When travelling by road in Europe and other parts of the world you have probably seen a blue plate on the back of a truck, with TIR written on in white letters. Here's why...
The Transport International Routier or TIR system was proposed by the UNECE in 1975 and adopted in 1978 as a secure and fast channel for international shipping. TIR registered vehicles have a secure load bay which can only be accessed by customs officials - thereby ensuring checks are not required at each international border they cross.
As long as the tamper-proof seal and the driver's carnet are in order, the customs officials can allow the truck straight through any checkpoints they may have set up.
The 5 pillars
The five principles on which the system is built are:
1. Secure Vehicles or Containers - All TIR goods should travel in vehicles or containers which have been certified secure by the cusoms.
2. International Guarantee - All participating countries should guarantee any TIR goods travelling through their country for the risk of duties and taxes.
3. TIR Carnet - The goods must be accompanied by an internationally recognised carnet, which will be accepted as a customs control document in departure, destination and all transit countries.
4. Mutual Recognition of Customs Controls - Controls applicable in the country of departure must be acceptable to all the countries of transit and destination.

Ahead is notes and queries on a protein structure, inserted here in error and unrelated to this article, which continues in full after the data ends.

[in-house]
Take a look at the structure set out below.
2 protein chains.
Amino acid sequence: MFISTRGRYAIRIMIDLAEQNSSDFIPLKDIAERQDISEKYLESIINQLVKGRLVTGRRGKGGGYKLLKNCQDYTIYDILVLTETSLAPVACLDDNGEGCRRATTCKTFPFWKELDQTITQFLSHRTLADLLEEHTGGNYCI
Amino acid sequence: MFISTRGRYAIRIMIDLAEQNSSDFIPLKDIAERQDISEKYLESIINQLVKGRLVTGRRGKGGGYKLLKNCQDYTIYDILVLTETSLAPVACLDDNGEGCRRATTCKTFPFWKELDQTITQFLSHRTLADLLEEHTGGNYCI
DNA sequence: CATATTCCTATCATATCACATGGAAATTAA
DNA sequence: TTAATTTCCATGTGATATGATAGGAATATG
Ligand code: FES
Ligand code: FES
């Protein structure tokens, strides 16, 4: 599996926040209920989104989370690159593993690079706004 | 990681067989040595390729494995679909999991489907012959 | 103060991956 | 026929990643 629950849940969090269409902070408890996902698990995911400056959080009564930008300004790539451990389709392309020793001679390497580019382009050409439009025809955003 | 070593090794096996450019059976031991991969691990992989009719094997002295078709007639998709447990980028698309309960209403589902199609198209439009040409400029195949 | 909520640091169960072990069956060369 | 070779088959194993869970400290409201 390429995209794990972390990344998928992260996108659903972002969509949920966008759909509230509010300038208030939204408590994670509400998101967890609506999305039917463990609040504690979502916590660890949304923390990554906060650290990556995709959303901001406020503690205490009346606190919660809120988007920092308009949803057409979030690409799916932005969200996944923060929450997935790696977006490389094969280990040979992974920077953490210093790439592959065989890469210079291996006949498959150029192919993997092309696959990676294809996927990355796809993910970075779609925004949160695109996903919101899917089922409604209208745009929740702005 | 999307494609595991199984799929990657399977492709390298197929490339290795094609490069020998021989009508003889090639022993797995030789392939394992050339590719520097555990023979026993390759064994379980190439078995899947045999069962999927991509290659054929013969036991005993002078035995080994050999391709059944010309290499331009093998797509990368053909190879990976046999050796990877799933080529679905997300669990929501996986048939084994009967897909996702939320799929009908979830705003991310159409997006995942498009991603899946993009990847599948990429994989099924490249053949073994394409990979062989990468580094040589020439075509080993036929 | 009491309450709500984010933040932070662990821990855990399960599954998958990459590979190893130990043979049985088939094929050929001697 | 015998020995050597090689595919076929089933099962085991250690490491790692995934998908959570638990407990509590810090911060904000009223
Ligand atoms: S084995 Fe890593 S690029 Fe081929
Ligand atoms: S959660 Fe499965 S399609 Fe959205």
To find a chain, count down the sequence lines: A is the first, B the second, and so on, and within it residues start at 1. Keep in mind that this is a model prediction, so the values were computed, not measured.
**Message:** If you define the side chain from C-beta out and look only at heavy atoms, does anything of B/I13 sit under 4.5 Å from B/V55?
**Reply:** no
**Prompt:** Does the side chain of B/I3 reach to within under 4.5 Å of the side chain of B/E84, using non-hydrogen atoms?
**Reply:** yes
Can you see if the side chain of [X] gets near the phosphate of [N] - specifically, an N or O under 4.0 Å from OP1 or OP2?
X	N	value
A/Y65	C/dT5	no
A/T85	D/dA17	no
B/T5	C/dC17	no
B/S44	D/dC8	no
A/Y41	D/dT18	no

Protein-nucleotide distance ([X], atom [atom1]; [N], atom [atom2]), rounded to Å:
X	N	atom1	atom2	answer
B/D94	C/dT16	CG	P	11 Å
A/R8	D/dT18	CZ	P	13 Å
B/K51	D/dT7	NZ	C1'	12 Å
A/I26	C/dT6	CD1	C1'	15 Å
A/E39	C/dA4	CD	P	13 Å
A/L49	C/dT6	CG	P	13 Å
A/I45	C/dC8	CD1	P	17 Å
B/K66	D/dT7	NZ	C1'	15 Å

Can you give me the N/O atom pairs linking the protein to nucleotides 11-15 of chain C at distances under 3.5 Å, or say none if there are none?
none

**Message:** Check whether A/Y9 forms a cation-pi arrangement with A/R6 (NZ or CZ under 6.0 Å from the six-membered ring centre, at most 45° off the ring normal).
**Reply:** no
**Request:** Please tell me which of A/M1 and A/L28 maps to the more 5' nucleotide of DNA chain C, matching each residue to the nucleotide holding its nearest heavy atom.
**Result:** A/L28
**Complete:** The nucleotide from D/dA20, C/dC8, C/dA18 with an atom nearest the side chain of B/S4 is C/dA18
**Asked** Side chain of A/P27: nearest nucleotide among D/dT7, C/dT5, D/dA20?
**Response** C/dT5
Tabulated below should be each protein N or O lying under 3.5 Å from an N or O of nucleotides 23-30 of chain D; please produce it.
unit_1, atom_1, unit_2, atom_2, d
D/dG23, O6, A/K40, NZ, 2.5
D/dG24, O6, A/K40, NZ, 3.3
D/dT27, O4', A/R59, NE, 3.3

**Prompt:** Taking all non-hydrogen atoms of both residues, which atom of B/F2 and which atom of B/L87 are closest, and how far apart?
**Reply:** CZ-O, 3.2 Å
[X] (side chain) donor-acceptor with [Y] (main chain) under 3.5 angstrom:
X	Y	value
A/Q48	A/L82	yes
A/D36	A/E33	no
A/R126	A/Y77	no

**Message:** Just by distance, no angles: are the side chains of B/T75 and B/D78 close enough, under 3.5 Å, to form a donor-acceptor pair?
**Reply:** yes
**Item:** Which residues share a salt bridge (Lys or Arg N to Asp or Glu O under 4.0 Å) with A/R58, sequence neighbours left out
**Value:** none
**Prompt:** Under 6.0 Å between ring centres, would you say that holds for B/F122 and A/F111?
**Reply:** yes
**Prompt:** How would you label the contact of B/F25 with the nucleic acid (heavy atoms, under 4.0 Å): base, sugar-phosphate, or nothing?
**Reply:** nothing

5. Controlled Access - Access to the TIR procedure should be only for national TIR associations and competent national authorities.
While chiefly self-regulating, the bodies to which all queries must be made are the TIR Administrative Committee, or the UNECE Working Party on Customs Questions Affecting Transport.
A working example
A shipper wishes to take goods from country A to country D, passing through B and C. He applies for a carnet and presents it to the customs of country A. The customs check the contents of the vehicle, seal the container and log the information in the carnet - keeping a duplicate sheet.
On leaving country A, the customs now have only to check the seals, and log departure from the country. As country B is entered, the seals are again checked, and arrival in the country logged. This logging occurs to demonstrate exactly when the goods are covered by each country's guarantee.
On arrival at the destination, the customs check the seals, and then remove them. The carnet is finalised and eventually returned to the governing body who issued it.